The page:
Richmond’s New Office: The Culture of Branded Space

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In the post Great Recession era of commercial real estate leasing, we frequently hear one, some, or all of the same four (4) criteria from office users:

  • I want a shorter lease term
  • I want a more flexible space
  • I want a more efficient space
  • I want to make my space “cooler”/ in line with my brand

These appeals to the office leasing market are by no means “new” or peculiar to the post-bubble world, but the real estate occupancy solutions for business owners and commercial tenants alike are most certainly not the same as 20 or even 10 years ago.  Why?

Because we don’t use space like we used to.

The modern office is no longer a fixed hierarchical beehive configuration of cubicles and private offices in the suburbs.  Between major technological advances, a flattening corporate executive organizational model, a substantial trend towards re-urbanization, and a pronounced and growing demographic shift to a younger generation of Millennial users, the archetypal “office” has transcended its staid drywall-partitioned office park model and moved on to something much more conceptually fluid, lean, and urban.

Office interior with cubicle layout.

Because business and industry change are so much more dynamic by the 21st century technological edict, so are its actors and users….and so it goes for real estate as well.  Rest assured, this trend is not just “trending” –accelerated change and user-responsive design across all product types is the new standard in commercial real estate’s tried and true academic bible of “highest and best use”.   As technology continues to disrupt operational strategy, the likeliness for a boomerang back to the old office footprint of strictly siloed allocations of space seems to look less and less likely.

The New Creative Office Space

But the new office is built for change; it is a malleable symmetry of public and private spaces.  The new office is adaptable, flexible, dynamic, attractive, and convertible space that is both broadly functional and culturally brand-driven.  It’s creative, collaborative, expressive, authentic, and innovative. This means that the “face” of space boils down quite a bit more to aesthetics, workplace culture, and responsive functionality for users.  It also means that the look, layout, and feel of office space is more important to users than ever.  This new(ish) design trend is fast-approaching industry standard for a number of Class A office users, start-up’s and Fortune 500 companies alike, for everything from location to office layout to finishes and even down to the lease structure.

Modern creative office space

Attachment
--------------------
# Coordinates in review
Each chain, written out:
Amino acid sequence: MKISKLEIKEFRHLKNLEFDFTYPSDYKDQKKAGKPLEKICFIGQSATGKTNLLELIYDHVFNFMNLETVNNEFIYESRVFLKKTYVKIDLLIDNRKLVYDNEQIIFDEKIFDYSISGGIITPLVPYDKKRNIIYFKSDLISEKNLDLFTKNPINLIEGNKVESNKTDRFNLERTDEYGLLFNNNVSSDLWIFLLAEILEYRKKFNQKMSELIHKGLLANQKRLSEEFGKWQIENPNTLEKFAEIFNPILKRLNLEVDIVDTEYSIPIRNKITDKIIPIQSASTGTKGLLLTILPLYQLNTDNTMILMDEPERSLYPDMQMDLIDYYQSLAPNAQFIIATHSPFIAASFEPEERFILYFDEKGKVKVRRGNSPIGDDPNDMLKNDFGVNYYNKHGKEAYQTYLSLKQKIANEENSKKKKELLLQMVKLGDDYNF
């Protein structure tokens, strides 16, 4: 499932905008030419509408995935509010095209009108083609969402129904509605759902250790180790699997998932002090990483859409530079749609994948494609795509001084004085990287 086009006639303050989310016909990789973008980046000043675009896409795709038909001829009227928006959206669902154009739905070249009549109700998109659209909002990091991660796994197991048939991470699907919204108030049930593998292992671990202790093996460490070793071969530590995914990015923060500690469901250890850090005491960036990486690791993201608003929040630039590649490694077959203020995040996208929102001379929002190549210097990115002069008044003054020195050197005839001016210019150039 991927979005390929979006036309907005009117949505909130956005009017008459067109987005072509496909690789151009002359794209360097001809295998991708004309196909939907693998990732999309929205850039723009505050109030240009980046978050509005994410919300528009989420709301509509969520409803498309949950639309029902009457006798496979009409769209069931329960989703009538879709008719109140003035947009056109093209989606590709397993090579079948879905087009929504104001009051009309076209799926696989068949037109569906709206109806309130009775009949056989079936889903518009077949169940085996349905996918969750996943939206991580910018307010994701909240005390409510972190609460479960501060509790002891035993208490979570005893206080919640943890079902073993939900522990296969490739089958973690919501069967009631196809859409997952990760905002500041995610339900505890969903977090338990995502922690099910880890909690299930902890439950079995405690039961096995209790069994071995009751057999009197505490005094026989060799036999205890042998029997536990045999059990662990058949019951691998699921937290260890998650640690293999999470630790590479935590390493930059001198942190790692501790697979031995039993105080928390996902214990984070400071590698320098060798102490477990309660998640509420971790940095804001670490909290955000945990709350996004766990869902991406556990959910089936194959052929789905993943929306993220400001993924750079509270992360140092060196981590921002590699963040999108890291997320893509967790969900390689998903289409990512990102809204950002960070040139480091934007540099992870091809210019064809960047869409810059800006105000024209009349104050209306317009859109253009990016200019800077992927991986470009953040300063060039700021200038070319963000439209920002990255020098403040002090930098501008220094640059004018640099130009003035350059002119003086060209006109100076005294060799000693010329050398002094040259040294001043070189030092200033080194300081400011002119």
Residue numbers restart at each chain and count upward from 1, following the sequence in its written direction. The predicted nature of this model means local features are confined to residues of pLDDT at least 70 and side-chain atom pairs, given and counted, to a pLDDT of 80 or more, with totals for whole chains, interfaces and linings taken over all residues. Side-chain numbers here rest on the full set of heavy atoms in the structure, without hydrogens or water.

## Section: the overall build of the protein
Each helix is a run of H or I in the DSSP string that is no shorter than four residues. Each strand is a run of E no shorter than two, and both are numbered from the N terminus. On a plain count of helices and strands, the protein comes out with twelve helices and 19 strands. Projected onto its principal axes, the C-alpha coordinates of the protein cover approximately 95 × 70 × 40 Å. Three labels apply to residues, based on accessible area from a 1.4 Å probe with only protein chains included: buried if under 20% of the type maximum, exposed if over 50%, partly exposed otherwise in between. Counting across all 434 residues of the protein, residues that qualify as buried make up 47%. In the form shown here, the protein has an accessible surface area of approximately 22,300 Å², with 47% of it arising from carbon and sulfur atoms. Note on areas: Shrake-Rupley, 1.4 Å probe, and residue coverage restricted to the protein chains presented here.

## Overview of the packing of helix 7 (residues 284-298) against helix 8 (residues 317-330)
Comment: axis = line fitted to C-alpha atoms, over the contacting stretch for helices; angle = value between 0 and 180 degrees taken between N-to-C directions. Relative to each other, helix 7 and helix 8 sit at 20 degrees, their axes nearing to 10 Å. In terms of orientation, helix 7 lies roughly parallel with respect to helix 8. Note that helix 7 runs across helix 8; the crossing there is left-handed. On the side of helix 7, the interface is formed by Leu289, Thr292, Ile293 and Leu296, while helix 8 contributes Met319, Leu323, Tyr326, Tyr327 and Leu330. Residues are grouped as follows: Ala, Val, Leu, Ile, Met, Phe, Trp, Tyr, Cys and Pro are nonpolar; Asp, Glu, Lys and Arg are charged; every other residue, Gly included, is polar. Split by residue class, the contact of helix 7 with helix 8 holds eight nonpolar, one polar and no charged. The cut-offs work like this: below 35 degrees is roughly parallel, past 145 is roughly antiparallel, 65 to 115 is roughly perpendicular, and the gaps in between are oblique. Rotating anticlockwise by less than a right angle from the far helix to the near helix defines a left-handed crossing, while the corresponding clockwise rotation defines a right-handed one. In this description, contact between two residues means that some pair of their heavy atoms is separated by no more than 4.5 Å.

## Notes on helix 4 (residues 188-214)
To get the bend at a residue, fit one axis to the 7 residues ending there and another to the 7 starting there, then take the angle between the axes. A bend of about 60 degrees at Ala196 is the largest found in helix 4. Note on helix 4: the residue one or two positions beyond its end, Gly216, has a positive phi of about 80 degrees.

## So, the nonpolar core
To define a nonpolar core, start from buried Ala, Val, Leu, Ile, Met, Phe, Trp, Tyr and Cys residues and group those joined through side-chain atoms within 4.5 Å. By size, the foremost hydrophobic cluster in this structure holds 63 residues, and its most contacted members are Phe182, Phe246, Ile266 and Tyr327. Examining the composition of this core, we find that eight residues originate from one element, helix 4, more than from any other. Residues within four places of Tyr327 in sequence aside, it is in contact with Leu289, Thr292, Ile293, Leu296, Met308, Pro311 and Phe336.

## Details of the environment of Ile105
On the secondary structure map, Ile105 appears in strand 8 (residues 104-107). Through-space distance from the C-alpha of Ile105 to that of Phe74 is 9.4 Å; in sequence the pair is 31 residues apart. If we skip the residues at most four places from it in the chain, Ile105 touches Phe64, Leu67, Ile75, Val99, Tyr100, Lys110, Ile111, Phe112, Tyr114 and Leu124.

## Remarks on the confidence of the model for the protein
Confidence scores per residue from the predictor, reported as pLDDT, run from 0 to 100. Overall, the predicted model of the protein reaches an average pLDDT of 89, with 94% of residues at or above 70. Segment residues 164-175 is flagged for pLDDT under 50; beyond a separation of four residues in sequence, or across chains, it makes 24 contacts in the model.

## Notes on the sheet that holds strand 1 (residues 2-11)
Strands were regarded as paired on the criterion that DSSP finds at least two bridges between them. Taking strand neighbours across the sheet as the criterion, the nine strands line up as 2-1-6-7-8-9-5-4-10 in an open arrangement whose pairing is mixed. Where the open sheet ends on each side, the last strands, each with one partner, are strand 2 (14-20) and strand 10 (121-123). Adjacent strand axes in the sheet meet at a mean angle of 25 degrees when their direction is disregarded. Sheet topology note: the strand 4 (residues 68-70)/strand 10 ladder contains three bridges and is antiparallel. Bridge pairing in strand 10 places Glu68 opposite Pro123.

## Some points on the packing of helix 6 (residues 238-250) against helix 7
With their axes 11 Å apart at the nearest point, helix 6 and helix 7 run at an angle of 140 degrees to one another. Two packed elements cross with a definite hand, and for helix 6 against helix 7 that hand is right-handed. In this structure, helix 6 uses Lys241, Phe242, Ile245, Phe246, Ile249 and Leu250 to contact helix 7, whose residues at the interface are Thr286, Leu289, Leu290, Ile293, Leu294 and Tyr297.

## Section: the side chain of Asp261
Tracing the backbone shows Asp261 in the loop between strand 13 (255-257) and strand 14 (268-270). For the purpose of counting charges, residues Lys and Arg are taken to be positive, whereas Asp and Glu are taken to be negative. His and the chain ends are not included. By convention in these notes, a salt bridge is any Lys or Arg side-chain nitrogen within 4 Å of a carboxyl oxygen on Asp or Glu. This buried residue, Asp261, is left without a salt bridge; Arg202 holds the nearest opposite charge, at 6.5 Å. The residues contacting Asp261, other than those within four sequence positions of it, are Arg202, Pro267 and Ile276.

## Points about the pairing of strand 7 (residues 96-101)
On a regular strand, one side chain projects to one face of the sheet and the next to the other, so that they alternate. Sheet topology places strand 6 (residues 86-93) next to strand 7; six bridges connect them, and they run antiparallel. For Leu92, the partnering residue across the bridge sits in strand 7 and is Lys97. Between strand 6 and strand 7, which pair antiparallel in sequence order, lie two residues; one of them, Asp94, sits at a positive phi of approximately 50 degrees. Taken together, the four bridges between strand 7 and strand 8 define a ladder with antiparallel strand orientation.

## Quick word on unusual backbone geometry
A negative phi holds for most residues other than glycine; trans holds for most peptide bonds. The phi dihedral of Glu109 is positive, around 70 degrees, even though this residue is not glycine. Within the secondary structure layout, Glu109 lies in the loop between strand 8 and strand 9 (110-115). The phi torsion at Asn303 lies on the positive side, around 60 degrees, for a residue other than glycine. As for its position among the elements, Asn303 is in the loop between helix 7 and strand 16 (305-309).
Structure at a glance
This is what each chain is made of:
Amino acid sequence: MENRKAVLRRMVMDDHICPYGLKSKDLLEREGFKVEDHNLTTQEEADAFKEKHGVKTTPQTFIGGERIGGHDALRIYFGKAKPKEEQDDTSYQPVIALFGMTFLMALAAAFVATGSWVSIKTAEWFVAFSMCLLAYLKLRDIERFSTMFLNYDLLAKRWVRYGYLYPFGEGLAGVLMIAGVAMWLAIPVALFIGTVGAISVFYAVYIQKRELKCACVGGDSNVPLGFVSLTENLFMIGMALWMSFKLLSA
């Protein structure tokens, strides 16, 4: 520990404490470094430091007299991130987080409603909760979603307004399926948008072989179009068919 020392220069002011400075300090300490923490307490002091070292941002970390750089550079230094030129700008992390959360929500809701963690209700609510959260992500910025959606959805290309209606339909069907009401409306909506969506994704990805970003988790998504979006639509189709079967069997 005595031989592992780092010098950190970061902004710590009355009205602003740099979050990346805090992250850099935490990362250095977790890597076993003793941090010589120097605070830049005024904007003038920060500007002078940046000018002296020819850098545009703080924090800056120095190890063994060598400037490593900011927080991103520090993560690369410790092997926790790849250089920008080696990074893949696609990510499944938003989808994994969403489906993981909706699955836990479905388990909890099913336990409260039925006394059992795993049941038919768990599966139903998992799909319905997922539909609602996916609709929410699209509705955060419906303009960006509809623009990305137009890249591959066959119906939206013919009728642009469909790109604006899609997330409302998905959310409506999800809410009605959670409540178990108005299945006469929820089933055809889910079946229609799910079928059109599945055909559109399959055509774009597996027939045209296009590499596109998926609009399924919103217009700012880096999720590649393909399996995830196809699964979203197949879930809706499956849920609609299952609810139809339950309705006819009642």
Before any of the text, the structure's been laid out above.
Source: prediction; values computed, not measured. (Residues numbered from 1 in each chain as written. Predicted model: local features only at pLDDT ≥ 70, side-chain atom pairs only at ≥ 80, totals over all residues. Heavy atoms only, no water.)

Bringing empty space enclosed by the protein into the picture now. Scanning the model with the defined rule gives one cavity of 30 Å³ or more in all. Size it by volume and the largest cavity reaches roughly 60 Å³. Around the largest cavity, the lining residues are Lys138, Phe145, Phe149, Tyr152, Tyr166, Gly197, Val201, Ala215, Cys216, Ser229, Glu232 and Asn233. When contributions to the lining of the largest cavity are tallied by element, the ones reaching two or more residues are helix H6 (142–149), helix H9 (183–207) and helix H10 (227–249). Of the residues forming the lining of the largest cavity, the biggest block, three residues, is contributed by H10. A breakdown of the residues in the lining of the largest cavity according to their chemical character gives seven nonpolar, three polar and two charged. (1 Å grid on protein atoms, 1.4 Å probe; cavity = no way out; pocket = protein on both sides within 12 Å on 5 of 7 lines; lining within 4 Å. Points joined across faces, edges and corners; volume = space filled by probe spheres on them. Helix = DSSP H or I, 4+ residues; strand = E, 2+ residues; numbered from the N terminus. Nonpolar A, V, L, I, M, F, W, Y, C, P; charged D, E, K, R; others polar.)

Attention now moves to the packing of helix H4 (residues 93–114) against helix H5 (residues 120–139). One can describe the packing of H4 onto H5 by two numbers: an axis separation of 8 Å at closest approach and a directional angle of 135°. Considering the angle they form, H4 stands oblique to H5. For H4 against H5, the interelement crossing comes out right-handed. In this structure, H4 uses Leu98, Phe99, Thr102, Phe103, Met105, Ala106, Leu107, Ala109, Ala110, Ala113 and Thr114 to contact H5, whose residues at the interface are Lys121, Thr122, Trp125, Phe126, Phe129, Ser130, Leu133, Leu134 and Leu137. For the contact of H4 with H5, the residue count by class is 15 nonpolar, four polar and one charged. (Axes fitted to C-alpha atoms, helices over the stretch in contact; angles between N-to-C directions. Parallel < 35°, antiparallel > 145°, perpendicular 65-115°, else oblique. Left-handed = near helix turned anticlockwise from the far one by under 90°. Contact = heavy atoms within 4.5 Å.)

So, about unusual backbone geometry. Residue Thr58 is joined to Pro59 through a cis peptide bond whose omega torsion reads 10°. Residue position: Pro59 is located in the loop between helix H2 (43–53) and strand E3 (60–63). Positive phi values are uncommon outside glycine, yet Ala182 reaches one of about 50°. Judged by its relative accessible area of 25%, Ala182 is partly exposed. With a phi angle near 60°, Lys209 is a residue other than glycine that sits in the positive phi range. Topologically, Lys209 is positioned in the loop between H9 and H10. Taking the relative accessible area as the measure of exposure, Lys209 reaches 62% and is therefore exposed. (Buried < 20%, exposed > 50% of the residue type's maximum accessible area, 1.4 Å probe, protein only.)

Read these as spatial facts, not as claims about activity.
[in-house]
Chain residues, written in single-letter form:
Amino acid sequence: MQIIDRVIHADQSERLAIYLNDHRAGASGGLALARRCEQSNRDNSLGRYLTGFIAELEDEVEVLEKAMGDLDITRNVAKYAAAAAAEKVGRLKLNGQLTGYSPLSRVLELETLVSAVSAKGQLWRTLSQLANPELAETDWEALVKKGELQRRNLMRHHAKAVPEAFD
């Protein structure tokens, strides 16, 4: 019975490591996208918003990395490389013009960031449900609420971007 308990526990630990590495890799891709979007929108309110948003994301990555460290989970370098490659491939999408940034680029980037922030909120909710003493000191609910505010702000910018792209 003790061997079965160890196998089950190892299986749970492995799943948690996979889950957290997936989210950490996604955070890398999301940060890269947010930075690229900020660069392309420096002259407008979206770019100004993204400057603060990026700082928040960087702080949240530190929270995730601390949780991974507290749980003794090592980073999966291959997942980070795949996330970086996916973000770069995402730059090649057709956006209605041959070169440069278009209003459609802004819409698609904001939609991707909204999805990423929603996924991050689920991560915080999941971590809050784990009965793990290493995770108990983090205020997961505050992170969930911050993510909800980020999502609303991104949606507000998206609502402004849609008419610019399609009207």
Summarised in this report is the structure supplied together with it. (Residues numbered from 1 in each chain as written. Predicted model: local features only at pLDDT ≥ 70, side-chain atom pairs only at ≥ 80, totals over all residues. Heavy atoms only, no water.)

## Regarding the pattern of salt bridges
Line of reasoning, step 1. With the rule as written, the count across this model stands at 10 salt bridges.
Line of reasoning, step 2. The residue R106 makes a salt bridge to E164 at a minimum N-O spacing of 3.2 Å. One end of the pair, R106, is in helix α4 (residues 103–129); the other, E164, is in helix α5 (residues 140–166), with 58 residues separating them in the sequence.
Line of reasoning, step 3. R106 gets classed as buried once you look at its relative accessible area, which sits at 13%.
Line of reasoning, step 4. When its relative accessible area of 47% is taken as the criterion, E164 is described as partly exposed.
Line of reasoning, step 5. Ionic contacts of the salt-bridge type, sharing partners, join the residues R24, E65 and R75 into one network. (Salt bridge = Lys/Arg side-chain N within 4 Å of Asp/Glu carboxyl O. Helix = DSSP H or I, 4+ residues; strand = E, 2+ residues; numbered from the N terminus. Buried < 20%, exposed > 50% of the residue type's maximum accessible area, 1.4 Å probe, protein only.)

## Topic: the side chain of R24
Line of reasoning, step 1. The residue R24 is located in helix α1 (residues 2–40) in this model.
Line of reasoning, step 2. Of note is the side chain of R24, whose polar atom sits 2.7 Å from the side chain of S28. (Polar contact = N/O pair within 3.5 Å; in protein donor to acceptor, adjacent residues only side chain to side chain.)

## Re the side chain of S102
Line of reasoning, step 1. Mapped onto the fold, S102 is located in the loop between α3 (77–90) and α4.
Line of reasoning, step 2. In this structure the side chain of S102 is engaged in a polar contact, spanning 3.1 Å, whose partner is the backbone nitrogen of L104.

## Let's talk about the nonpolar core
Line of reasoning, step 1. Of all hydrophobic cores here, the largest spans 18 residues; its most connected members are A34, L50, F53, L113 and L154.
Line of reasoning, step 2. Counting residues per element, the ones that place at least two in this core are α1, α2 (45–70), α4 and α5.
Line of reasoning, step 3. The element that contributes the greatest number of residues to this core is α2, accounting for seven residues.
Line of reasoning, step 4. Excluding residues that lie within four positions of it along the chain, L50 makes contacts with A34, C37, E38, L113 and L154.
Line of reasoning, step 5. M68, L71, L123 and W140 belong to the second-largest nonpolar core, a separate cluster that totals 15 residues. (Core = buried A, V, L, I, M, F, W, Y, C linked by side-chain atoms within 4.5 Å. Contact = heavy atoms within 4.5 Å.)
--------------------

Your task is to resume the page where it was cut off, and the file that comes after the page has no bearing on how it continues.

In Richmond, this trend has found a substantial foothold in the neighborhoods of Scott’s Addition, Manchester, and throughout several redevelopments and adaptive reuse projects of post industrial and retail buildings throughout its CBD (Central Business District).  Why? These neighborhoods are all comprised of buildings, many of which are historic, which lend themselves easily to creative office space design.  They are a robust deviation away from the standard wall- to-wall carpeted, drywall mazes of low hung- ACT ceilings (acoustic ceiling tile) and windowless offices which abound throughout traditional suburban office product.  Scott’s Addition and Manchester provide ample inventory which offer open expanses of uninterrupted space, tall ceilings, unique historic/architectural features, and frequently, abundant natural light.  Their locations also provide excellent walkable proximity to an assortment of breweries, eateries, and high-end craft-based trade and design industries such as architecture, furniture making, wood-working, and tech manufacturing–to name just a few.

Interior of Handcraft Building

 

Brand Allies and the Rise of “Place”

Not coincidentally, many of these pre-existing trade and design-based tenants in places such as Scott’s Addition, the CBD, or Manchester are very much a part of the attraction for creative office users.  Identifying a “cool” warehouse or retail space alone to build out, brand, and occupy is not enough.  Users are looking to co-locate where there are surrounding businesses which represent brand values that resonate with a given company– or amplify the communication of its brand to its users.  These are values such as creativity, collaboration, local/handmade, and authenticity.  Sound familiar?

Creative office space is becoming as much about place and culture as it is about design.

This trend plays out every day on platforms such as Instagram where a creative office user might call out the design/builder of their custom conference table or conversely, where the designer/builder might call out the latest tech start-up for which they are building that conference table– a type of co-marketing and brand association which would not be nearly as facile, accessible, or perhaps even brand-strategic 20 years ago as it is for businesses today.   In other words, users are looking to communicate their brands into a culture-based context through their real estate occupancies– beyond the traditional platforms of referral-based business and the homogenous blank synergy of a suburban business park.

What’s next, Richmond?

So what does this mean for Richmond in the years to come?  No doubt, the transformation of Richmond’s CBD, Scott’s Addition, and Manchester will continue to expand, densify, and iterate upon these themes.  Like any kind of real estate development trend, the more density that occurs, the more development will occur.  This is the fundamental feedback loop endemic in real estate development. And while the industry may not be as literally “industrial” as it once was in these neighborhoods, the new wave of users is building a new engine.